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Re: netwrk sniffers and localhost



On Mon, Oct 01, 2007 at 02:45:30PM -0500, Aaron Konstam wrote:
> This may be an off the wall question but here goes. When you bring up
> the cups web interface ans choose to administer your printers, you are
> asked to login with a username and passwd. Usually it is the name root
> and roots passwd that works.
> 
> Let us say some one has a network sniffer on another machine on your
> LAN. Since the root passwd your type is going to localhost network it
> should be handled by the loopback interface.
> 
> Is it? And if that is so can a sniffer on the LAN see the passwd
> entered?

What is the URL that gets you to the CUPS IF? Mine is
http://localhost:631/, do in my case, yes, it is localhost. If your
name resolution is set up correctly, that should point to the local
loopback device:

[root dragon ~]# host localhost
localhost has address 127.0.0.1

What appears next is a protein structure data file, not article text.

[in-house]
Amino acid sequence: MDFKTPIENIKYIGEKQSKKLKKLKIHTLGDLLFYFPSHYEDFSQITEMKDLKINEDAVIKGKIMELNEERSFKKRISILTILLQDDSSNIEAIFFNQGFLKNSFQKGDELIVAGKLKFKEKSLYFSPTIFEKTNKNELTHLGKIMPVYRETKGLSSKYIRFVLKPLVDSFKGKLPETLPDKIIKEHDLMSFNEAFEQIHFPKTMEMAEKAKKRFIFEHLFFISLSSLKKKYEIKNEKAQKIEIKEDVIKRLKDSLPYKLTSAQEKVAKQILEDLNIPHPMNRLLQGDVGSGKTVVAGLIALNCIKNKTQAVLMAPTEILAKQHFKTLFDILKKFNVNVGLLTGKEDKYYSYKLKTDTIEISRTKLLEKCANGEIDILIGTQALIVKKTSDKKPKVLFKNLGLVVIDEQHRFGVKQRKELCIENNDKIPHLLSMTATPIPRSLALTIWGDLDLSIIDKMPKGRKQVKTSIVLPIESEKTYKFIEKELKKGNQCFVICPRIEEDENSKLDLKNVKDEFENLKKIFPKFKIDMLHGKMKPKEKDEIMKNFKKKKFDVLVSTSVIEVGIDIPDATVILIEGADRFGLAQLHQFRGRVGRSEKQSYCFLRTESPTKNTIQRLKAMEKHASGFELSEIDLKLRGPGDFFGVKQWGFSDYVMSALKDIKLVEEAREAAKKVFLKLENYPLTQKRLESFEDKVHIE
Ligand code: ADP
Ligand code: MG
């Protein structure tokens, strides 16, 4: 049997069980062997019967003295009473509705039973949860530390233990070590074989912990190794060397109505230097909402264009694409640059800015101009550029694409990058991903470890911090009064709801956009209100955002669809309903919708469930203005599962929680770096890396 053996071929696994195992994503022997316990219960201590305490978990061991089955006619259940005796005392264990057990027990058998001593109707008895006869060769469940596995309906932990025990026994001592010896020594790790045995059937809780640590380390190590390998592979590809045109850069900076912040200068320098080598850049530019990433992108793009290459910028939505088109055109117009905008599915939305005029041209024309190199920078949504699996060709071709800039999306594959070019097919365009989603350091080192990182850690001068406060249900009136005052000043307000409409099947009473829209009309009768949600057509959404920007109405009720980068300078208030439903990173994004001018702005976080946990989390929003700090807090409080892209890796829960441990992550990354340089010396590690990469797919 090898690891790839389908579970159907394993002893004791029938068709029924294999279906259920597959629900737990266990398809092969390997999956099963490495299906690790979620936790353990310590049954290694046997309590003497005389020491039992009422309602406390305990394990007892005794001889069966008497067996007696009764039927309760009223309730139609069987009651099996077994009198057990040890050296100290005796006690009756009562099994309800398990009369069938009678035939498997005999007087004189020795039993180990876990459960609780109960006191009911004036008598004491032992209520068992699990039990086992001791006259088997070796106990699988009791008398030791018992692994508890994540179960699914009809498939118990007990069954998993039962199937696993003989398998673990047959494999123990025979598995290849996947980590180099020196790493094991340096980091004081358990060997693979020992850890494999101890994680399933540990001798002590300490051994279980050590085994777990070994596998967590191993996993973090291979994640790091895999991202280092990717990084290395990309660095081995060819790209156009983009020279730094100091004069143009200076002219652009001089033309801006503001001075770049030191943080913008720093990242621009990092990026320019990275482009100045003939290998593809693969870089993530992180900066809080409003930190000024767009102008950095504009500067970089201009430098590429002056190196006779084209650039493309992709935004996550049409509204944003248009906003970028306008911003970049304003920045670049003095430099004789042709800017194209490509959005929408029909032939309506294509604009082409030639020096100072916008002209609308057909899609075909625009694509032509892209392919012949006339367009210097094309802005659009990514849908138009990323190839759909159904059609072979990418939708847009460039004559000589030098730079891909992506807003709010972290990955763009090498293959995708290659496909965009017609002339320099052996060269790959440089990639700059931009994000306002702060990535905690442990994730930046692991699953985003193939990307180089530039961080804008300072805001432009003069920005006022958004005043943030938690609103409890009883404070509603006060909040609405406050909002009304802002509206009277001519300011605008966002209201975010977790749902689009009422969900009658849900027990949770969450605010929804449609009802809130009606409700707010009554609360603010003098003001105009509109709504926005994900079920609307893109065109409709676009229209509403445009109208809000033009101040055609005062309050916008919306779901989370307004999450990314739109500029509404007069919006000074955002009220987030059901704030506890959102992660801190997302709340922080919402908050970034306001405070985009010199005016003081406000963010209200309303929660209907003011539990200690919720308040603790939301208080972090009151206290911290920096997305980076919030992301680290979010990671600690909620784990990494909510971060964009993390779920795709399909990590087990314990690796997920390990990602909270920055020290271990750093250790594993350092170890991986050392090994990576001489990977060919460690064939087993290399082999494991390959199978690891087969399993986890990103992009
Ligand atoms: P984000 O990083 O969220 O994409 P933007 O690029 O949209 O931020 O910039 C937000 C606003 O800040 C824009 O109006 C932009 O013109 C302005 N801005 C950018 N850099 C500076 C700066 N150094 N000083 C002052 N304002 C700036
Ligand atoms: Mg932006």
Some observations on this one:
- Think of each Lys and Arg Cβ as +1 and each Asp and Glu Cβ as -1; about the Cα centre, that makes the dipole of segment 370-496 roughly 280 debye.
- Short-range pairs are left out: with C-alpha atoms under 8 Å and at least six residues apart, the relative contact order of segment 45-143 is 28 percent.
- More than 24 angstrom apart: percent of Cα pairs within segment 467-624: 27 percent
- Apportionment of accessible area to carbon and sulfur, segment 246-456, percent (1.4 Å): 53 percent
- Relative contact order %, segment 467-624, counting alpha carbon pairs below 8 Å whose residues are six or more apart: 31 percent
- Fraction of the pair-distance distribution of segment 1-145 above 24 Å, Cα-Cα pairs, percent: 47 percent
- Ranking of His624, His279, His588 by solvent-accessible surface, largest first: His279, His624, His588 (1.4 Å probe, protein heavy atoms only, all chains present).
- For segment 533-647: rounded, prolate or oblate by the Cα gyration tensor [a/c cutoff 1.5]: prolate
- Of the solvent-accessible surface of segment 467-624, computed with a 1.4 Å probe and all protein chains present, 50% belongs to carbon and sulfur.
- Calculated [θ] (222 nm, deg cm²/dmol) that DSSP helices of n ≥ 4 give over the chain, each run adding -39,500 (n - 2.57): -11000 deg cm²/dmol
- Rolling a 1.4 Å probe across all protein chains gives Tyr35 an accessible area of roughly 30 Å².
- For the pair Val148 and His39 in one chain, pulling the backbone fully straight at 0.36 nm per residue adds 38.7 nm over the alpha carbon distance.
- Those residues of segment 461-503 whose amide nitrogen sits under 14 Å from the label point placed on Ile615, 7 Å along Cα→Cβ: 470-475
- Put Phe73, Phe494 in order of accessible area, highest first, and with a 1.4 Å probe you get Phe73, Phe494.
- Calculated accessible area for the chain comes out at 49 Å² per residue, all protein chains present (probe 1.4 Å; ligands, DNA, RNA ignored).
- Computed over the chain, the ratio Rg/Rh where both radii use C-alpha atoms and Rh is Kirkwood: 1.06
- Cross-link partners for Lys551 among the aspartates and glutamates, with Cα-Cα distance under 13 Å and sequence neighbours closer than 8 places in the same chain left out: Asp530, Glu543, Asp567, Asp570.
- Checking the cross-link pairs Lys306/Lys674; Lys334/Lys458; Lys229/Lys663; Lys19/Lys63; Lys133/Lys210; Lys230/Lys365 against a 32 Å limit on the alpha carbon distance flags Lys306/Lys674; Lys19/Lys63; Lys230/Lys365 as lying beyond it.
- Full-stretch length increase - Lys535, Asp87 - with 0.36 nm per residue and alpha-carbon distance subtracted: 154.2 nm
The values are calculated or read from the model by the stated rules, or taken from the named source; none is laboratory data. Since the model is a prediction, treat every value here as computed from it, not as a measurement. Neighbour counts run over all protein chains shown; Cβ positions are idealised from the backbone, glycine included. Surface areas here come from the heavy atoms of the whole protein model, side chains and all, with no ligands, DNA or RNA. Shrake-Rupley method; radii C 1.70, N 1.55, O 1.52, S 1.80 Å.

localhost has IPv6 address ::1
[root dragon ~]# ifconfig lo
lo        Link encap:Local Loopback  
          inet addr:127.0.0.1  Mask:255.0.0.0
          UP LOOPBACK RUNNING  MTU:16436  Metric:1
          RX packets:19437 errors:0 dropped:0 overruns:0 frame:0
          TX packets:19437 errors:0 dropped:0 overruns:0 carrier:0
          collisions:0 txqueuelen:0 
          RX bytes:4729638 (4.5 MiB)  TX bytes:4729638 (4.5 MiB)

So, yes, it should go to the local loopback device (LLD).

The whole point of the LLD is that it never goes to the network. With
a properly written LLD, a packet should go to the IP level of the
TCP/IP stack. The LLD's IP code simply swaps the source and
destination addresses and ports, and hands the packet back to the
appropriate higher level protocol (ICMP, TCP, UDP, etc.). (I haven't
looked at the source for Linux's LLD, but that's basically what the
one I wrote did.)

So if the LLD is properly written, a sniffer on another machine should
never see any packets to or from a LLD.

As you probably know, the X protocol uses TCP/IP to communicate
between clients (programs) and servers (displays, keyboards,
etc.). Think of the security implications when X traffic doesn't
travel over the loopback device. A cracker who can scarf your X
packets could watch you compose mash notes to your secretary on
company time in real time. Not very secure! This is one of several
reasons the normal "xhost" authentication is deprecated in favor of
SSH. So, yeah, the TCP/IP security folks have already thought of this
question.

-- 

Charles Curley                  /"\    ASCII Ribbon Campaign
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